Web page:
UNITED NATIONS — In a hard-fought show of unity among world powers, the UN Security Council voted unanimously Saturday to order the warring parties in Syria to stop blocking the delivery of humanitarian aid, though without the immediate prospect of punishment against those who disobey.
The resolution was the first binding measure to be approved by the divided Security Council in a conflict that began nearly three years ago and has killed more than 100,000 and left a trail of polio and starvation.
The measure calls on the Syrian government to allow relief agencies to enter the country, criticizes the dropping of barrel bombs by government aircraft, and strongly condemns terror attacks, plainly referring to some of the rebels fighting to overthrow President Bashar Assad.
Until the moment of the vote, it was unclear whether Syria’s principal ally, Russia, would approve it. The Russian ambassador to the United Nations, Vitaly I. Churkin, ended the suspense at 11 a.m. as he entered the council’s chambers.
“Of course we’re going to support it,” Churkin told reporters. “It’s a pretty good resolution.”
The adoption of the resolution was made possible, diplomats said, by important concessions. It contains no specific enforcement language, saying only that the council will keep tabs on all sides in the war and meet later to decide whether to punish them.
Russia would have vetoed any specific threat of sanctions, Western diplomats said. It also contains no threat to take those suspected of committing war crimes to the International Criminal Court, a move Russia and the United States are apparently conflicted about. It says only that the parties in the conflict could be guilty of committing such crimes.
As for sanctions, the measure leaves that fight for another day by stating “its intent to take further steps in the case of noncompliance with this resolution.”
In Syria on Saturday, government forces captured two rebel-held areas on the edge of the Israeli-occupied Golan Heights after days of intense fighting near a decades-old cease-fire line between Syria and Israel, the Associated Press reported, citing state TV.
Troops and progovernment gunmen known as National Defense Forces captured the areas of Rasm al-Hour and Rasm al-Sad, south of the town of Quneitra.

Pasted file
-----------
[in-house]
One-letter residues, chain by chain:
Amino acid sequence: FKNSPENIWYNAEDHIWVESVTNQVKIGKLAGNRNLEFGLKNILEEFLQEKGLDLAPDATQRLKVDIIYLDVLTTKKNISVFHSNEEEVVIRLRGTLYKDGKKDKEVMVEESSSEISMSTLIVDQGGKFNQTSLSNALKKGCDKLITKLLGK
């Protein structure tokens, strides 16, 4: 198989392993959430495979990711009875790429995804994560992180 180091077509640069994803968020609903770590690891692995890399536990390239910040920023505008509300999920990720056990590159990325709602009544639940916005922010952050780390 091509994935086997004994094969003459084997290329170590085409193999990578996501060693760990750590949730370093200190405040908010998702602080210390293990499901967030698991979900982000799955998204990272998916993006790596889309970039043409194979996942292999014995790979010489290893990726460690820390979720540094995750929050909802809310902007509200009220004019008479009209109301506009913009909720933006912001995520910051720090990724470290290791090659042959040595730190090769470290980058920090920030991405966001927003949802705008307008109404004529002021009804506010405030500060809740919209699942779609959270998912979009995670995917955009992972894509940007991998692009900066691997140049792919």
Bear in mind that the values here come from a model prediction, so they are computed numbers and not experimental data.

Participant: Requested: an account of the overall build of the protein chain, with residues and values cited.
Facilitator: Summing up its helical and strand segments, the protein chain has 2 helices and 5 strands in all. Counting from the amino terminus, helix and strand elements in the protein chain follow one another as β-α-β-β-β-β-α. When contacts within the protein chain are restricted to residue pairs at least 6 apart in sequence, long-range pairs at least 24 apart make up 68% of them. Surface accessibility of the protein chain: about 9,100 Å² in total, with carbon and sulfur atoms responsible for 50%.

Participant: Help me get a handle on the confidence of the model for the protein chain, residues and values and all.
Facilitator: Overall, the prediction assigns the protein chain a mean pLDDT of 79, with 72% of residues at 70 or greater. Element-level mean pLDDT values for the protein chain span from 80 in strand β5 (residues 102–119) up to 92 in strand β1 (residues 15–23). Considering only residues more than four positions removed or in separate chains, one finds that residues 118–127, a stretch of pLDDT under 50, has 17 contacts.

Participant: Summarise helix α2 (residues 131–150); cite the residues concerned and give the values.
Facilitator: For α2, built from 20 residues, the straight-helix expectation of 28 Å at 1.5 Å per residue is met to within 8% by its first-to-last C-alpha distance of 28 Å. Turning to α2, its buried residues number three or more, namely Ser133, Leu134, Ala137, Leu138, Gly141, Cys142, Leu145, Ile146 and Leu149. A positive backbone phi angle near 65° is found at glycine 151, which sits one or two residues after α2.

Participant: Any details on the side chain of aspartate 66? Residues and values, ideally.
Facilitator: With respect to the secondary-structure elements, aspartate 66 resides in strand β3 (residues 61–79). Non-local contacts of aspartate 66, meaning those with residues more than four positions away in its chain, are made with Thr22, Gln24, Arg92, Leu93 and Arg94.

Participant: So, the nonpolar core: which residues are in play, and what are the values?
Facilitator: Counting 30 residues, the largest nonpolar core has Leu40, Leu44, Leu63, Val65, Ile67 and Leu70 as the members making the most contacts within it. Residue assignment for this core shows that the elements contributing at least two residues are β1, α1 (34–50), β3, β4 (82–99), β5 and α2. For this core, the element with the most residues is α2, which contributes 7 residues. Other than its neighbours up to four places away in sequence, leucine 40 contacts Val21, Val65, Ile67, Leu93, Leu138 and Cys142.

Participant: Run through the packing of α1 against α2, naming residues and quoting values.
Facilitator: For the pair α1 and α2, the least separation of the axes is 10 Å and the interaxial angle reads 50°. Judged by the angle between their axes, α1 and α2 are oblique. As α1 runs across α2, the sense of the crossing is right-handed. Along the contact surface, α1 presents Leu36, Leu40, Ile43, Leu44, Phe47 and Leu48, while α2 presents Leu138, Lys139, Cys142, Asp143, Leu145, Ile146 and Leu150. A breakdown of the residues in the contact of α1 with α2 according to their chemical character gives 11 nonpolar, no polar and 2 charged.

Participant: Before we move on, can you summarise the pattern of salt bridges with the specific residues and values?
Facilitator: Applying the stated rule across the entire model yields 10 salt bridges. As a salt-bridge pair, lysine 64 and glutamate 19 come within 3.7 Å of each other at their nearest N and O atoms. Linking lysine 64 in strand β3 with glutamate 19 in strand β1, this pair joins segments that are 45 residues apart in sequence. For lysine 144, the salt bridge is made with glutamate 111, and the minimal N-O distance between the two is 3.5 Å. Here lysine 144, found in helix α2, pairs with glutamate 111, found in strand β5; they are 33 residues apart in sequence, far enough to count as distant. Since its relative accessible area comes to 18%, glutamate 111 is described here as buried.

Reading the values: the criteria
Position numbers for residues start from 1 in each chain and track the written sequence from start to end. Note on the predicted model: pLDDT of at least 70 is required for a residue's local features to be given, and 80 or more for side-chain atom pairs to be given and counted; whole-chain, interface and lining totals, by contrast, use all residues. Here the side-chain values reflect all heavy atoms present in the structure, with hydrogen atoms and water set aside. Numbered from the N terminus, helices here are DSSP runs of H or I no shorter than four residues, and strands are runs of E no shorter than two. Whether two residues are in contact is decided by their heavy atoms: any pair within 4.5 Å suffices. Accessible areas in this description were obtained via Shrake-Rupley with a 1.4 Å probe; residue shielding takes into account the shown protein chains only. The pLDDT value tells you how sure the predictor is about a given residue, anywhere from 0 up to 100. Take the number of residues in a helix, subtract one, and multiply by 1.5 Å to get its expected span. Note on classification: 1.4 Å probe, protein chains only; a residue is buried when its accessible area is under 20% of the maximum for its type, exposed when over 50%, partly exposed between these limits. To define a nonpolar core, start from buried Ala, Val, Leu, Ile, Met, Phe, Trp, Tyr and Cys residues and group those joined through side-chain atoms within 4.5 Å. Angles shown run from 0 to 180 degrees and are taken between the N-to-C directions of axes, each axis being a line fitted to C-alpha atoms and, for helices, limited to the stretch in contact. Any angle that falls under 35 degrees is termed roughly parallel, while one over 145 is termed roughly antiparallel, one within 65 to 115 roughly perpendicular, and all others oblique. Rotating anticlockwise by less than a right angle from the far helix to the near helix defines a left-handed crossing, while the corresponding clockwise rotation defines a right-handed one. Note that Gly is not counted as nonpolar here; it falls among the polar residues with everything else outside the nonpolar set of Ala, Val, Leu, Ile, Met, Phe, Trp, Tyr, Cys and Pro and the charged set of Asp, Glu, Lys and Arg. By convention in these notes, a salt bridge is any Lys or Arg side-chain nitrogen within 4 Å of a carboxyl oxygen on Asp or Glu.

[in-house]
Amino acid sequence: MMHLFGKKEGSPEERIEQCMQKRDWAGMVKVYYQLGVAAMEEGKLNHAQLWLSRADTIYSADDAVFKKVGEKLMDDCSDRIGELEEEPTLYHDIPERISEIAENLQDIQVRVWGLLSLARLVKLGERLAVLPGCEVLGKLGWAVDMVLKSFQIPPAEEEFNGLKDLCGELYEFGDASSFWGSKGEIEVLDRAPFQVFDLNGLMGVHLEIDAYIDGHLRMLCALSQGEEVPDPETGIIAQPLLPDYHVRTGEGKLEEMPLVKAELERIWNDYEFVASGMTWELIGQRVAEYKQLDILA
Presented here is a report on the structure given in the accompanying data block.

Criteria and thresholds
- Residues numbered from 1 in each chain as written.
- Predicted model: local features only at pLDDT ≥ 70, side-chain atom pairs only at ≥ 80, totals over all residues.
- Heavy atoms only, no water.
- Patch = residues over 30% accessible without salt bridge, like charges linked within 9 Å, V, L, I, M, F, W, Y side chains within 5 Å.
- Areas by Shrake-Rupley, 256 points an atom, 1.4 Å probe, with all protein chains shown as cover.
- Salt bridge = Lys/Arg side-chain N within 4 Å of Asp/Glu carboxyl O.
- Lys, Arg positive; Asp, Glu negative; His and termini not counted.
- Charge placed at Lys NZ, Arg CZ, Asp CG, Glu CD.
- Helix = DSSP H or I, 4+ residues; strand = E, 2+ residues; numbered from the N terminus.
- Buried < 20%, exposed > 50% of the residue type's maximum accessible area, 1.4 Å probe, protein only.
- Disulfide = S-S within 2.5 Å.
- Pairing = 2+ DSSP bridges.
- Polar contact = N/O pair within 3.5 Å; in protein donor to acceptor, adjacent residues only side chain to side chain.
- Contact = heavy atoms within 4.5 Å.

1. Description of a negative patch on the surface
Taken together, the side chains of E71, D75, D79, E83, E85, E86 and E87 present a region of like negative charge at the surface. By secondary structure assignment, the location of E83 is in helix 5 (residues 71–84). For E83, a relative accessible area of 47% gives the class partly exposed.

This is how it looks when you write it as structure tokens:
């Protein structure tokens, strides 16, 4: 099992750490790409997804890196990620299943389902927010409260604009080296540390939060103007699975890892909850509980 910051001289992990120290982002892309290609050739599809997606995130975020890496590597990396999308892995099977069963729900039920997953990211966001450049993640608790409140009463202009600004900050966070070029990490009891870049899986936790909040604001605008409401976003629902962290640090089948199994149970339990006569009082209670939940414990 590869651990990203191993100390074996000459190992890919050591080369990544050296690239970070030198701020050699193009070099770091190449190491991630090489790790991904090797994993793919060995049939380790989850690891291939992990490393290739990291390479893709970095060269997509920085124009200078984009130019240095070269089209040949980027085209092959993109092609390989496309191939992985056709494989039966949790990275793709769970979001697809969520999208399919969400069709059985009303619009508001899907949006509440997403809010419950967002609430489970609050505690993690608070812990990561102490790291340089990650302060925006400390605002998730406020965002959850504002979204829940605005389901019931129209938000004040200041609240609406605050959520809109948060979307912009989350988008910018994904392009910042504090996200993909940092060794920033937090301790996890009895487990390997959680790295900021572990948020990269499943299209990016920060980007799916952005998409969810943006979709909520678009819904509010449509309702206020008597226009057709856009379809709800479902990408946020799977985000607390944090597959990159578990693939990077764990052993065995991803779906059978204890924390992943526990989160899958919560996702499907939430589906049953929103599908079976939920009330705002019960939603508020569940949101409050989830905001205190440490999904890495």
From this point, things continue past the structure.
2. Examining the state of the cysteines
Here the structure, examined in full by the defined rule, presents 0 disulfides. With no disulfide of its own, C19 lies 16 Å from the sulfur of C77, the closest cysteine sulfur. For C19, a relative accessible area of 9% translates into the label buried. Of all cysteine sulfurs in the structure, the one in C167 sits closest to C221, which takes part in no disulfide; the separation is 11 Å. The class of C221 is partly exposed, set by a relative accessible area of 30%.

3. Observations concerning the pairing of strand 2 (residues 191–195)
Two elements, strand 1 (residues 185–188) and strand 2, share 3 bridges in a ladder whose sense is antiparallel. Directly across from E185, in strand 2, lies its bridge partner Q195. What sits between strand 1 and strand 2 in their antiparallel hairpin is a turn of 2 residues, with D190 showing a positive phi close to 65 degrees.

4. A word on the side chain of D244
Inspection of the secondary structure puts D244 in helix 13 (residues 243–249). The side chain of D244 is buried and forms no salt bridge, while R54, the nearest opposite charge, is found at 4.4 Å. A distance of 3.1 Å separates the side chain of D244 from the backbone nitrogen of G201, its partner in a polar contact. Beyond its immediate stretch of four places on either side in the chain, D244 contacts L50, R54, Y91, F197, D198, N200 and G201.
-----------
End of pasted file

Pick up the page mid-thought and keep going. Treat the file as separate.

The Britain-based Syrian Observatory For Human Rights confirmed troops were on the offensive, adding that the air force took part in the attack. The Syrian army has been reinforcing its positions in Quneitra as part of efforts to drive rebels from the area.
Although the final UN resolution on humanitarian aid does not threaten sanctions, it does contain specific references to the Syrian government, which its critics in the West, including the United States, insisted on.
It expresses, for instance, “grave alarm at the significant and rapid deterioration of the humanitarian situation in Syria, in particular the dire situation of hundreds of thousands of civilians trapped in besieged areas, most of whom are besieged by the Syrian armed forces and some by opposition groups.”
It also expresses concern for “the dire situation of over 3 million people in hard-to-reach areas,” and deplores the difficulties in enabling humanitarian assistance to all civilians.
In a nod to Russian demands, the resolution “strongly” condemns the “increased terrorist attacks resulting in numerous casualties and destruction carried out by organizations and individuals associated with Al Qaeda, its affiliates and other terrorist groups.”
In several places, there are specific, pointed references to the government’s singular role in blocking aid.
One section reads that the resolution “demands that all parties, in particular the Syrian authorities, promptly allow rapid, safe and unhindered humanitarian access for UN humanitarian agencies and their implementing partners, including across conflict lines and across borders, in order to ensure that humanitarian assistance reaches people in need through the most direct routes.”
Russia has vetoed three resolutions pertaining to Syria in three years.
It initially dismissed the need for this one, too, saying that it preferred to let the warring parties on the ground agree to local cease-fires, one by one, so as to let in food and medicine.
Russia had said all along that it would not support a resolution that was “ideological,” though in truth, all Security Council decisions are political by nature.
The measure received support in recent weeks from stronger statements by UN officials. In her briefing to the council in mid-February, the UN humanitarian relief chief, Valerie Amos, named several communities that were trapped behind conflict lines, pointing to the culpability of the government.
On Wednesday, the UN human rights chief, Navi Pillay, cited cases of starvation deaths in towns beyond the reach of food and medicine.